The opinion of the court was delivered by: BARTELS
This action is brought by plaintiff individually, as a stockholder of the Pennsylvania Railroad Company (hereinafter referred to as the 'Railroad'), and also on behalf of himself and all other stockholders of the Railroad similarly situated. In the complaint he seeks to enjoin the Railroad, its officers and directors from continuing to employ unnecessary personnel under 'featherbedding' labor union rules and practices, and paying excessive amounts as compensation to employees under such rules and practices. The theory of the complaint is that such conduct on the part of the Railroad and its officers and directors constitutes a waste of assets of the Railroad and is ultra vires. Plaintiff moves for an injunction pendente lite and counsel fees, and the Railroad countermoves to dismiss the complaint and for summary judgment pursuant to Rules 12(b) and 56, Fed.Rules Civ.Proc., 28 U.S.C.A.
Plaintiff's affidavit in support of his motion details the 'featherbedding' jobs and payments and asserts that the payments are based upon 'speed of railroad trains obtaining 20 and 30 years ago'; that for many years there existed a contract between the Railroad and the various unions by which the Railroad was compelled to make 'featherbedding' payments, and that this contract expired on November 1, 1959. In reply the Railroad by affidavit of its Director of Labor Relations states, among other things, that the employees in question are covered by collectively bargained agreements entered into on behalf of the respective crafts and classes by their representatives pursuant to the provisions of the Railway Labor Act (45 U.S.C., Chap. 8, Sec. 151 et seq.) (hereinafter referred to as 'the Act'); that these agreements are and will remain in effect until changed or terminated in accordance with the provisions of the Act; that they did not terminate as of November 1, 1959; that the 'featherbedding' practices complained of are not only provided for by existing agreements but in some instances are imposed upon the Railroad by so-called 'full crew' or 'excess crew' laws of certain of the States within which it operates, and that pursuant to the Act certain proposals are being made by the Railroad and by the labor unions concerning changes in the present agreement rules.
An examination of the complaint discloses certain deficiencies which are dispositive of the action. Plaintiff does not allege his citizenship, the citizenship of the Railroad or that of the individual defendants, nor does he allege any law, treaty or provision of the Constitution of the United States which would grant jurisdiction to this Court in this action. Having no jurisdiction over the cause of action, the Court must dismiss the complaint. It appears that the plaintiff can promptly correct this deficiency, at least partially. Since the question of jurisdiction was not raised and the motion was argued upon the merits, the Court believes that in the interest of expeditious disposition of the matter upon an overcrowded calendar a comment upon the merits is warranted for future reference.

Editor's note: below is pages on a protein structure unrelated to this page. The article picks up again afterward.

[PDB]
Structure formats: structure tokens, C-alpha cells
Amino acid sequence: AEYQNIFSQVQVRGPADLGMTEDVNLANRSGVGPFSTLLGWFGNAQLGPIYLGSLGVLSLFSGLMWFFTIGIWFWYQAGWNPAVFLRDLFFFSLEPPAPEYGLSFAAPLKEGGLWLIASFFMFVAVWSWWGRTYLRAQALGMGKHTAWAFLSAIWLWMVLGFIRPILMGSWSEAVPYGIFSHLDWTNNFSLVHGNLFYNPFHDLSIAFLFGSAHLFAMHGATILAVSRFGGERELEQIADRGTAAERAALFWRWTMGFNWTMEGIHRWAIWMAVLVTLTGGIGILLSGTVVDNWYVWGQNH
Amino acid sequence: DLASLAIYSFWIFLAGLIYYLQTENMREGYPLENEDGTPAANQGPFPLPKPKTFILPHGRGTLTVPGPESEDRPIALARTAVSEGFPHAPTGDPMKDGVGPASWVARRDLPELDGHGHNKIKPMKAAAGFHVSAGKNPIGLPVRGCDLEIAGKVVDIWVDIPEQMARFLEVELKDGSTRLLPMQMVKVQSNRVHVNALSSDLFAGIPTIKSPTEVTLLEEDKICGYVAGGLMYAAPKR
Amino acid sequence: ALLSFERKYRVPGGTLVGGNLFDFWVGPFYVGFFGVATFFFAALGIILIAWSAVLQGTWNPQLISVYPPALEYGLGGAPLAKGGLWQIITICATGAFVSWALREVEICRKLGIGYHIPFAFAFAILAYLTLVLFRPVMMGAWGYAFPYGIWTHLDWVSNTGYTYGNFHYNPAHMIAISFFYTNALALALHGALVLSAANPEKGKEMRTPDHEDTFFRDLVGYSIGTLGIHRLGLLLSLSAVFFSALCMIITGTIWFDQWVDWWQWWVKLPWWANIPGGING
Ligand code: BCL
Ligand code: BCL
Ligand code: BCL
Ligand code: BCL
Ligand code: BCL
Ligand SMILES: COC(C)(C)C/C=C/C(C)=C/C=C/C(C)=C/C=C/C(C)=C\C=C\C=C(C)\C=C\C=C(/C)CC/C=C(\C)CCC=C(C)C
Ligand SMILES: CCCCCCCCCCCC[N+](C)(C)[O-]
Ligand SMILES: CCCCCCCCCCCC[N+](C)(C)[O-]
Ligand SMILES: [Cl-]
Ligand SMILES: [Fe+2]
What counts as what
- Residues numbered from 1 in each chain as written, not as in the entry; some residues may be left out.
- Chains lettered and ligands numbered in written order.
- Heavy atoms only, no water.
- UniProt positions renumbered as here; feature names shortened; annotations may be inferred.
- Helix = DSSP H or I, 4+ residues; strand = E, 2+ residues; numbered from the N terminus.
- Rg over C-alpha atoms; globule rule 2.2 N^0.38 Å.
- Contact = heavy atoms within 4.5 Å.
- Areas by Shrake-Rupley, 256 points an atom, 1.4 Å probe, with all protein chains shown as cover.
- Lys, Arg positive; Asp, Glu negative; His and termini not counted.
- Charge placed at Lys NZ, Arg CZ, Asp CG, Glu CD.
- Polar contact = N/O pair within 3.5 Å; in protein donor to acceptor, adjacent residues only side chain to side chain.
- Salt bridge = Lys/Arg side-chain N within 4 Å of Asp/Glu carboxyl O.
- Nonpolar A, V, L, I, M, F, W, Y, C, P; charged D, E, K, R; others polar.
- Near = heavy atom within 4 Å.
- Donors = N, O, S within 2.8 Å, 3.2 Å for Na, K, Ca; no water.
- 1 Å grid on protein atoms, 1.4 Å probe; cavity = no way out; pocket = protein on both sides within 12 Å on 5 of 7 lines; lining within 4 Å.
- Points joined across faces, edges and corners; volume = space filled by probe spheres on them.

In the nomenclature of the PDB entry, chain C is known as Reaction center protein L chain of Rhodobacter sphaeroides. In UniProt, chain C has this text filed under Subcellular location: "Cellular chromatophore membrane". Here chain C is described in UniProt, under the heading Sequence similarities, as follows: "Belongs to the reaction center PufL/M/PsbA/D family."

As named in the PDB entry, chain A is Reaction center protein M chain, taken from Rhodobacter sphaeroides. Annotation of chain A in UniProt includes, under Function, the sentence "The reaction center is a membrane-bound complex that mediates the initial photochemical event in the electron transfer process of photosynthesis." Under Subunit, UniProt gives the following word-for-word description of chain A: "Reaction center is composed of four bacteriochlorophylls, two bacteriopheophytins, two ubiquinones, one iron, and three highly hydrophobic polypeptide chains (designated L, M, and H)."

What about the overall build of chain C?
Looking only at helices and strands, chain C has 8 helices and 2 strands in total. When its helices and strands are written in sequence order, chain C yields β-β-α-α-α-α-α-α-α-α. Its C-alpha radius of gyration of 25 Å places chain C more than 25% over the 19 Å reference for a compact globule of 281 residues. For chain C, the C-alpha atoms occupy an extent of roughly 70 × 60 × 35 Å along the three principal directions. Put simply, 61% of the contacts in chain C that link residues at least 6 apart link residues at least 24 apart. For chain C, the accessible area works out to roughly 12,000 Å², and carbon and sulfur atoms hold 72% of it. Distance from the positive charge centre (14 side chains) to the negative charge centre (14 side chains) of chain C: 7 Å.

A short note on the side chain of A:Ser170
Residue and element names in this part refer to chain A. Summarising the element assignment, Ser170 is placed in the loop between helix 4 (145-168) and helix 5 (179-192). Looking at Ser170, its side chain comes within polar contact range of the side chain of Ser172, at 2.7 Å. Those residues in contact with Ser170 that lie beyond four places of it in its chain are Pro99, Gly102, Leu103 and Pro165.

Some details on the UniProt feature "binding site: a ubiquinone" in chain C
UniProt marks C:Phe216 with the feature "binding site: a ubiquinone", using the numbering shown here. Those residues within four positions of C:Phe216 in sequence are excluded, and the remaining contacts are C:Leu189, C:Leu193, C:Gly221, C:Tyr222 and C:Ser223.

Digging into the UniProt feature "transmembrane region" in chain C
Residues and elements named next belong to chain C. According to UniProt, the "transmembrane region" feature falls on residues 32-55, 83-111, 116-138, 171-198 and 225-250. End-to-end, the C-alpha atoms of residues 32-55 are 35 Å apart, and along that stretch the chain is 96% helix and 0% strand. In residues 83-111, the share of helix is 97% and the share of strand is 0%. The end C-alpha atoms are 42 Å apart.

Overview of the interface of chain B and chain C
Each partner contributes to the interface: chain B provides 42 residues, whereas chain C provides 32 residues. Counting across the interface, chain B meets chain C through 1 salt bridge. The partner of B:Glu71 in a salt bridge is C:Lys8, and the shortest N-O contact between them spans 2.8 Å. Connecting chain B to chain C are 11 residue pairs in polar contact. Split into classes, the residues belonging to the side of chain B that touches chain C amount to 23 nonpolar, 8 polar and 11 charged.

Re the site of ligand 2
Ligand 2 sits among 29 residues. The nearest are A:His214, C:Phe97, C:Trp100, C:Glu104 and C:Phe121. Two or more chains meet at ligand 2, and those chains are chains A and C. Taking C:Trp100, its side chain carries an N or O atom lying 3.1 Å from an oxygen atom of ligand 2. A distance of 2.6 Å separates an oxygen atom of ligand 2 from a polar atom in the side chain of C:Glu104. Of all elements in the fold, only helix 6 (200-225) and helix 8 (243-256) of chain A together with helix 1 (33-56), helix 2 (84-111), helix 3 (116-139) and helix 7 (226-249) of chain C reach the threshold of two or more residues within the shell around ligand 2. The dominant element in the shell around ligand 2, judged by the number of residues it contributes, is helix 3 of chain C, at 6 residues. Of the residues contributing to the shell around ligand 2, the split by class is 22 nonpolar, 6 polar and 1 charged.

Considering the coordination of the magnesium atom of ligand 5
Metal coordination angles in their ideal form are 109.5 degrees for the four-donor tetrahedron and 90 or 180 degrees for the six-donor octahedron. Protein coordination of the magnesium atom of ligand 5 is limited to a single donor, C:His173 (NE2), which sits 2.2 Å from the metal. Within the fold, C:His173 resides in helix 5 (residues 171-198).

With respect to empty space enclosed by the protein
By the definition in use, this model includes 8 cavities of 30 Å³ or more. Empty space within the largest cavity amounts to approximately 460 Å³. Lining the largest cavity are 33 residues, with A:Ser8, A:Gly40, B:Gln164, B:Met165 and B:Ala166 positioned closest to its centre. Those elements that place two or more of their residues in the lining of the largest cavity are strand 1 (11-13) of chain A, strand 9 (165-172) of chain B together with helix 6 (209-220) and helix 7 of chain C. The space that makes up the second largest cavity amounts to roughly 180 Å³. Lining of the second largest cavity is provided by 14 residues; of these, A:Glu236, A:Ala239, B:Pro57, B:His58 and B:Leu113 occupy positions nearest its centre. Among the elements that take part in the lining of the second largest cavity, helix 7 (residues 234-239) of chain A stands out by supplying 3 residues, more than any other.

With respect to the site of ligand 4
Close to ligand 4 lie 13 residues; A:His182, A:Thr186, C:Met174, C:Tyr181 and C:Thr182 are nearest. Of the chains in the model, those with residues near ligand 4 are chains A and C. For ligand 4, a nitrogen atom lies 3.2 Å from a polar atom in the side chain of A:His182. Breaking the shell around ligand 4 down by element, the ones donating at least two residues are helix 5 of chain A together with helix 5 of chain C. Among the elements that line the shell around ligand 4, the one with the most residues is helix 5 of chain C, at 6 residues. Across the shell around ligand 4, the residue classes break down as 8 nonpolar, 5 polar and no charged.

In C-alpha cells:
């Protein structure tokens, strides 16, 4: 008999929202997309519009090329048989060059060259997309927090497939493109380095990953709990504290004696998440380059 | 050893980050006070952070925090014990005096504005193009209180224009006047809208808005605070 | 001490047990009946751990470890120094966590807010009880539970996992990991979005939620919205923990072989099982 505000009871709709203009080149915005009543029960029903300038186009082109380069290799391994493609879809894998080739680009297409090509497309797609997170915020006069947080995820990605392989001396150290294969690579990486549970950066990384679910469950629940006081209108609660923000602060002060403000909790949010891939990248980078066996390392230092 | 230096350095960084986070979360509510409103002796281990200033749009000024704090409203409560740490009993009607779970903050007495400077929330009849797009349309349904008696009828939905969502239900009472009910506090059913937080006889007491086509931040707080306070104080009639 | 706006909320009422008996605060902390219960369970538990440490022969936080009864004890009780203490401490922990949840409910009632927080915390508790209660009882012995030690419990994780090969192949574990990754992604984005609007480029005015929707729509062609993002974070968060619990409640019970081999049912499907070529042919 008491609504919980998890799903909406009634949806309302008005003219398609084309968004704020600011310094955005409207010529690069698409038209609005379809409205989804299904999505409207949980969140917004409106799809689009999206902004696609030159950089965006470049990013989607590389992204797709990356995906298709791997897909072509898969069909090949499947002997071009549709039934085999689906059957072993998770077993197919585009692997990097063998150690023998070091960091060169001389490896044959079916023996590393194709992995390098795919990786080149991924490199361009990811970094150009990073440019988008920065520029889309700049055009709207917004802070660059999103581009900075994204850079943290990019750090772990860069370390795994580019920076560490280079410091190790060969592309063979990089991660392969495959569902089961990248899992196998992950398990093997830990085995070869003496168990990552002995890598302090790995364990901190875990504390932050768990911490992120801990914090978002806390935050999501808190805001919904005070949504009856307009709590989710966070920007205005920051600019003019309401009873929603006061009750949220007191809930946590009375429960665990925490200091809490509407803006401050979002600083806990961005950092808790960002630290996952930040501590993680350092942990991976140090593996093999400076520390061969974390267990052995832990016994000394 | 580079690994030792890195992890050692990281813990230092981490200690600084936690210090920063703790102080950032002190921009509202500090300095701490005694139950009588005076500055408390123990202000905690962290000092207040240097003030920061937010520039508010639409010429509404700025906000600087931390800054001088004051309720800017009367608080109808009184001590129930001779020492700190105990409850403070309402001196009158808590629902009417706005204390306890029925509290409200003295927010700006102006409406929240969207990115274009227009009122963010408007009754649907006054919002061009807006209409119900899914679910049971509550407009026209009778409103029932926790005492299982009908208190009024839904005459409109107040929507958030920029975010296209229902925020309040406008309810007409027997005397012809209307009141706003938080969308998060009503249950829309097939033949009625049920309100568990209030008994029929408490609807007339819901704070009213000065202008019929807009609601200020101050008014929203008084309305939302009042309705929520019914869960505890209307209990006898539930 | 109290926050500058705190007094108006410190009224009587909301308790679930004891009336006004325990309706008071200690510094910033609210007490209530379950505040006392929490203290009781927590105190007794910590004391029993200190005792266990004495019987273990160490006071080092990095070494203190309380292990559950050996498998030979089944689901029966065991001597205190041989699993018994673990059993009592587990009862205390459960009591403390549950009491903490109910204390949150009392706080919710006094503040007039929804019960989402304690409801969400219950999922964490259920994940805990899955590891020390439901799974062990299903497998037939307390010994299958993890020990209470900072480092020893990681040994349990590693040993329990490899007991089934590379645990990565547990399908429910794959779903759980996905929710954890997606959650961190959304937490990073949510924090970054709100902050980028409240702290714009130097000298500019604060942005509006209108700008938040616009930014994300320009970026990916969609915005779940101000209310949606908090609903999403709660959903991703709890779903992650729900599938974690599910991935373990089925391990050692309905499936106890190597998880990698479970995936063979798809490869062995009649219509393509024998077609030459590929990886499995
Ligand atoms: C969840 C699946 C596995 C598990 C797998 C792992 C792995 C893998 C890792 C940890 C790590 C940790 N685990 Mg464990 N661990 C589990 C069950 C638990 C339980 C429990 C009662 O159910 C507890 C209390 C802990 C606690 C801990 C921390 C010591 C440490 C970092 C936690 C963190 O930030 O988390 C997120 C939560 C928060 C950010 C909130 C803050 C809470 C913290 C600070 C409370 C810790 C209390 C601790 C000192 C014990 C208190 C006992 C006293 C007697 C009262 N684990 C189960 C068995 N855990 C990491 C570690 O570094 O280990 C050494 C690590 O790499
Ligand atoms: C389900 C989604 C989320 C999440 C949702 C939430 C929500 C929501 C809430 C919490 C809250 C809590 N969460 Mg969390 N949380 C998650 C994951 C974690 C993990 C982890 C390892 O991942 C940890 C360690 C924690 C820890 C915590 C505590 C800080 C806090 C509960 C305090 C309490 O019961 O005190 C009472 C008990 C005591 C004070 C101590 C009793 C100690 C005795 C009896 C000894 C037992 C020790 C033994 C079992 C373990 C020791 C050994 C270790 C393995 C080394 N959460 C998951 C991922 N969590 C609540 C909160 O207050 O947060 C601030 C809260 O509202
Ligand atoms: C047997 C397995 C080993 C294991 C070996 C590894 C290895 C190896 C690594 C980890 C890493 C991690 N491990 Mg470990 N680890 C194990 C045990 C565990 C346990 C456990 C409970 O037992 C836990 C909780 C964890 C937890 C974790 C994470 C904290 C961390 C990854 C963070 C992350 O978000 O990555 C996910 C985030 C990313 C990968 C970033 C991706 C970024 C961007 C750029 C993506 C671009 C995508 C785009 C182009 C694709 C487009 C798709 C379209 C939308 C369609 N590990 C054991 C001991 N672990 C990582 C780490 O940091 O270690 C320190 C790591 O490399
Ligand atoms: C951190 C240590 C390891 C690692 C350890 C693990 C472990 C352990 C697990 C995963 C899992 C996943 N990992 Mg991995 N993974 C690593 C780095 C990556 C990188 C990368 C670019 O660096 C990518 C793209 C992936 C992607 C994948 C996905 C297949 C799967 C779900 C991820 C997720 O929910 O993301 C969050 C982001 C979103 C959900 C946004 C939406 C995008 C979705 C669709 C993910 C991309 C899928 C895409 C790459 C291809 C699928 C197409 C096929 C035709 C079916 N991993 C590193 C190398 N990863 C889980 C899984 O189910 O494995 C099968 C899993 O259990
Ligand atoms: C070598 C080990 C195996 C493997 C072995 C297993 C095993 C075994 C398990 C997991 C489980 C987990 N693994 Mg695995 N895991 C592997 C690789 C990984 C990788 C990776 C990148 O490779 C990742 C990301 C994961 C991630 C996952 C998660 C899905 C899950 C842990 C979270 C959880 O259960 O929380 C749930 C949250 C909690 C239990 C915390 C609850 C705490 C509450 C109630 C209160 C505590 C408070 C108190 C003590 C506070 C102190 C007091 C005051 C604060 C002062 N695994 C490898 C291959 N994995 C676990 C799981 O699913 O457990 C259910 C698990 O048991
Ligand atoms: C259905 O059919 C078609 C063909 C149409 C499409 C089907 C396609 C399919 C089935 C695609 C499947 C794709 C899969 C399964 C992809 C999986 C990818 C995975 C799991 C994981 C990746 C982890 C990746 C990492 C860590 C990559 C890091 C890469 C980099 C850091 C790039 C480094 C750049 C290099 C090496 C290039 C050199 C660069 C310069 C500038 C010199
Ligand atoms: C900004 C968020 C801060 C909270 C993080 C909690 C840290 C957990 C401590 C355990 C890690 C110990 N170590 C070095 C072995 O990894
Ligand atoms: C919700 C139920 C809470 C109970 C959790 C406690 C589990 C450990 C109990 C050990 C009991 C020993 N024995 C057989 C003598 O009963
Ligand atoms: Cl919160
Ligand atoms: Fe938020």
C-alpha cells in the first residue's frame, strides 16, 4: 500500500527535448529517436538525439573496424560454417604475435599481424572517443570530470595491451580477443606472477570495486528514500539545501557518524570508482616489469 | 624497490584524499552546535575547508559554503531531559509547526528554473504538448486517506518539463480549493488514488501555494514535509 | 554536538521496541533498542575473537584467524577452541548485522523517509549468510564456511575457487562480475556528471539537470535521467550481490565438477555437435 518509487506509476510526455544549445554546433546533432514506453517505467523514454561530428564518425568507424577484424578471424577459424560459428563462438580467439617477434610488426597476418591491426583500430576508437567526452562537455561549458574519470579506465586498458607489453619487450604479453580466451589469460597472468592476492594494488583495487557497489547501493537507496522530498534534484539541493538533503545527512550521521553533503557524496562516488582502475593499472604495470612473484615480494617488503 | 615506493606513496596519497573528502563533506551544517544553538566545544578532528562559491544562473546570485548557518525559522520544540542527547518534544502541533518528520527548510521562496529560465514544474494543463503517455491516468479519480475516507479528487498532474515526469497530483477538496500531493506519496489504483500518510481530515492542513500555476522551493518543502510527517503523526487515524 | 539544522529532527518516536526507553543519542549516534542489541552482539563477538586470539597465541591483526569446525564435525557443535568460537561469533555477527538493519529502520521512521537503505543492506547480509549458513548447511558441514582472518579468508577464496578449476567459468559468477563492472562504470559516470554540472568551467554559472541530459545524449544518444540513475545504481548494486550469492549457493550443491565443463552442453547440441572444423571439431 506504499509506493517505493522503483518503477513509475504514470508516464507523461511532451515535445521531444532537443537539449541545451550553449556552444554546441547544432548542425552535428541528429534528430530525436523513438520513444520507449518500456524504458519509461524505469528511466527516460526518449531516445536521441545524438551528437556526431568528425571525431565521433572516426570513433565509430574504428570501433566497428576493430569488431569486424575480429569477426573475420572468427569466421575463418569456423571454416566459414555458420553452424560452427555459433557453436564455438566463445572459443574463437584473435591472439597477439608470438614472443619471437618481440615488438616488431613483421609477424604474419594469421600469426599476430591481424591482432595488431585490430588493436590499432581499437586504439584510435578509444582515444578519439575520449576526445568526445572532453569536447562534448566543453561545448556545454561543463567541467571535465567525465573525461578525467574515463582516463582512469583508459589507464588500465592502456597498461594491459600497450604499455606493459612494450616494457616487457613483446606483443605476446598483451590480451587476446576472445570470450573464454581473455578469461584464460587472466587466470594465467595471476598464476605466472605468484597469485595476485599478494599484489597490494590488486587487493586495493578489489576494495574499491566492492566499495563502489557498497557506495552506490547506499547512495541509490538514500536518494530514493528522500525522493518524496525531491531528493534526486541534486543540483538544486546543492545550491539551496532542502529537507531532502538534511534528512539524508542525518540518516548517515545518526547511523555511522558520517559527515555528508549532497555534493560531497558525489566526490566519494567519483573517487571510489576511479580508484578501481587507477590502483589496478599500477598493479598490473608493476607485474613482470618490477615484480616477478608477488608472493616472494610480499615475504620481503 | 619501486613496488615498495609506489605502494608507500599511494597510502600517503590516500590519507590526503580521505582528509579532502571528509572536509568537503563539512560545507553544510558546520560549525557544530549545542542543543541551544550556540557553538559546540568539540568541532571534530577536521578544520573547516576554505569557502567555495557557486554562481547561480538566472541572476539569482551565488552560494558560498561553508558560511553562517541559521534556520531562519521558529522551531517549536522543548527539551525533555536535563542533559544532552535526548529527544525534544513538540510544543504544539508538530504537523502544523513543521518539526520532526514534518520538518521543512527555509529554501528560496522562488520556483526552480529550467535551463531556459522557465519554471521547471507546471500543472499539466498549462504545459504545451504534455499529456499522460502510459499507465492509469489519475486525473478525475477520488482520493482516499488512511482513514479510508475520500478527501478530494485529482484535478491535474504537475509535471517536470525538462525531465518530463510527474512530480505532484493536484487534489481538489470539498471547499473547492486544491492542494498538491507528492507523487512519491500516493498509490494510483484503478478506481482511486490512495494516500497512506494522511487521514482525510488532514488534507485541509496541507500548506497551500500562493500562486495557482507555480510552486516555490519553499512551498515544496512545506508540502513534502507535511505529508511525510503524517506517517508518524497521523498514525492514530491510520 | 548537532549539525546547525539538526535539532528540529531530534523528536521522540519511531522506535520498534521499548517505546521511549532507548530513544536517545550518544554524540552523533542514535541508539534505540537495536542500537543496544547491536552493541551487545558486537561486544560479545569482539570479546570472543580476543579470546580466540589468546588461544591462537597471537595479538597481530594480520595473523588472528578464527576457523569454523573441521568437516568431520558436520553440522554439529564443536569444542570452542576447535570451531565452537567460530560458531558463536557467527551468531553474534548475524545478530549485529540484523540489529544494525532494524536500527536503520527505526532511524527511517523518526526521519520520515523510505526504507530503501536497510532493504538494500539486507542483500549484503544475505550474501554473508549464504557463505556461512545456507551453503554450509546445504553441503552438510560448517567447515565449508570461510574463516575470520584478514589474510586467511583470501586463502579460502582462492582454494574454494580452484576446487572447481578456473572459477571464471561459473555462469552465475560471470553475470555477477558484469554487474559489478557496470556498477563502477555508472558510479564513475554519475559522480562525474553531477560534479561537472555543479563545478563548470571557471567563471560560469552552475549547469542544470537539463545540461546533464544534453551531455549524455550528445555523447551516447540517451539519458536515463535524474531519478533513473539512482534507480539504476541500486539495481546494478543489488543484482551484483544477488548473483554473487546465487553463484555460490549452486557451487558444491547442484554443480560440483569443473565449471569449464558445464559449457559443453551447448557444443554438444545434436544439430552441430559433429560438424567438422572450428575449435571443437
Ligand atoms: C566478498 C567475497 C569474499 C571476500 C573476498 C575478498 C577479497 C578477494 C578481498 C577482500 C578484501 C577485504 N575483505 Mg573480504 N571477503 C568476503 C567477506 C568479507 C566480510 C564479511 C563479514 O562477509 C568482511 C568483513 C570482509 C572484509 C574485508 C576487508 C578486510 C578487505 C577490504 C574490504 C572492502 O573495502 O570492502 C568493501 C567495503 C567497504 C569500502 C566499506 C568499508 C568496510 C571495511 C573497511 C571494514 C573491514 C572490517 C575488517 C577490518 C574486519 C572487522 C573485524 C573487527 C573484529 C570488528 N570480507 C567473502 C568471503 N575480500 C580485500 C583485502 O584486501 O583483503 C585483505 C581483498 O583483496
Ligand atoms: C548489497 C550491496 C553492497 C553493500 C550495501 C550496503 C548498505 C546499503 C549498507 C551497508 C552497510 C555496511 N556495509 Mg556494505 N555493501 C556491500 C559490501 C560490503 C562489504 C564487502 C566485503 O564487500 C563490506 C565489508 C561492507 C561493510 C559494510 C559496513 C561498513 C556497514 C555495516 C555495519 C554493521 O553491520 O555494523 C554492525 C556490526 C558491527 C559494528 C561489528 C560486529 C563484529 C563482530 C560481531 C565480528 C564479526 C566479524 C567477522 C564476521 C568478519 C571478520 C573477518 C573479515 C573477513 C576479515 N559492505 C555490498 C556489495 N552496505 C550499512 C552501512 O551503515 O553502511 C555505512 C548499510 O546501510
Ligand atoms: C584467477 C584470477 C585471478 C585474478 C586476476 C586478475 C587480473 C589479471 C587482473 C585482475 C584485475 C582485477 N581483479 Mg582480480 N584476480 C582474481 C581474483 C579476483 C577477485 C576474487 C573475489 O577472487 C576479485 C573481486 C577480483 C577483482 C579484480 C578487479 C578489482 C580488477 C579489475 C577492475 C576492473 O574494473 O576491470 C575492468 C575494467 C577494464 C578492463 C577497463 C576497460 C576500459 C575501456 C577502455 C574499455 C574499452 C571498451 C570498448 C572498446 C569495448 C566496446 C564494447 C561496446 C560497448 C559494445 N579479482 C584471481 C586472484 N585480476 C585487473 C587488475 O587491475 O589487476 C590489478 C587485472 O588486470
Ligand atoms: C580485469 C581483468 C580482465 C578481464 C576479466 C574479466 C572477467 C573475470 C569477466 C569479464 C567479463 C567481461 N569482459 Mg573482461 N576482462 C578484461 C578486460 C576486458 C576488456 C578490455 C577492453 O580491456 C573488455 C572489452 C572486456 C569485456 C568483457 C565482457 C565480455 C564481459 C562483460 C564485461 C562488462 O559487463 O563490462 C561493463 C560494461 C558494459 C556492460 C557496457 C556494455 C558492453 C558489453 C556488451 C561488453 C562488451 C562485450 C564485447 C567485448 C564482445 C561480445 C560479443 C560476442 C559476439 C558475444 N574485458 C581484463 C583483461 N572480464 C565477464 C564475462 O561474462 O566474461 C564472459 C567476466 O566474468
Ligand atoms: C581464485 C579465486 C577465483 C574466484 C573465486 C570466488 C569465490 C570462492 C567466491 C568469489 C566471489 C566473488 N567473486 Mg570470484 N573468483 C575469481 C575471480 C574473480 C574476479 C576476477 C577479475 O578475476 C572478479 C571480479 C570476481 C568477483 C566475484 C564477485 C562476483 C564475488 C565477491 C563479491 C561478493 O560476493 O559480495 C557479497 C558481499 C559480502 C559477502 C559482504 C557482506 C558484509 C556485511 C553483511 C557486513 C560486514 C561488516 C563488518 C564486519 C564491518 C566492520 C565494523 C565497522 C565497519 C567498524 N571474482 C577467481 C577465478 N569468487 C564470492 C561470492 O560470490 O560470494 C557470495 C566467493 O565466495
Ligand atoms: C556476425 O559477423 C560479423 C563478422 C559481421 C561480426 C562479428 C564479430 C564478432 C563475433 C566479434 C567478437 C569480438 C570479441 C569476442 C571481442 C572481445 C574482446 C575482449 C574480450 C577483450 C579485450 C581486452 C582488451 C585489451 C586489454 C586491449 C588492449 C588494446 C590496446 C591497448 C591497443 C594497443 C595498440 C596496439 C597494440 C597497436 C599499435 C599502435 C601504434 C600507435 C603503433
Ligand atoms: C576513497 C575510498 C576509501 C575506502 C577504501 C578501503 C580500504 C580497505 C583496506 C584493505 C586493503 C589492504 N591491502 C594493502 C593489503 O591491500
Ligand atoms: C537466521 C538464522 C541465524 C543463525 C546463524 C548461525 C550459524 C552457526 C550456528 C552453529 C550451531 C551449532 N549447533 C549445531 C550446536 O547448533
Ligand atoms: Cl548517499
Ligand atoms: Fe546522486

The doctrine of ultra vires has been subjected to many confusing and conflicting decisions. According to the strict construction of the term 'ultra vires', an ultra vires contract 'is one not within the express or implied powers of the corporation as fixed by its charter, the statutes, or the common law' (Fletcher, Cyclopedia of the Law of Private Corporations, Vol. 7, § 3399, p. 561). But new concepts of Corporation Law have necessitated a new and different treatment of the problem. In the past, the courts generally held the view that a corporation had only such powers as were granted to it by the Legislature and had no capacity to contract beyond those powers. In the more modern view, however, it appears that subject to certain statutory exceptions, the word 'power' is treated as a misnomer for the word 'authority', and the question appears to be not one of capacity as much as one of authority. The issue under this approach is not whether the corporation could make the contract, as indicated in Central Transportation Co. v. Pullman's Palace Car Co., 1891, 139 U.S. 24, 11 S. Ct. 478, 35 L. Ed. 55, but whether it ought to have made the contract (see Oleck, Modern Corporation Law, §§ 841 et seq.). In support of the traditional theory of ultra vires, numerous grounds have been advanced which have been analyzed and criticized by corporate law writers (see Ham, Ultra Vires Contracts under Modern Corporate Legislation, 46 Ky.L.J. 215 (1957-1958); Oleck, op. cit. supra; Fletcher, op. cit. supra, §§ 3399 to 3419). Generally speaking, the courts have refused to apply the doctrine to contracts which are wholly executed on both sides and a number of authorities have not permitted its application to a contract which has been fully performed by one side (see, Fletcher, op. cit. supra, § 3417). It has been observed that as far as contracts are concerned, there is no public policy behind the ultra vires doctrine but instead, the real public policy is in support of upholding the sanctity of contracts in commercial transactions (see Carpenter, Should the Doctrine of Ultra Vires be Discarded?, 33 Yale L.J. 49, 63-64 (1923); Stevens, Handbook on the Law of Private Corporations (2d Ed.), § 72, at 326 (1949).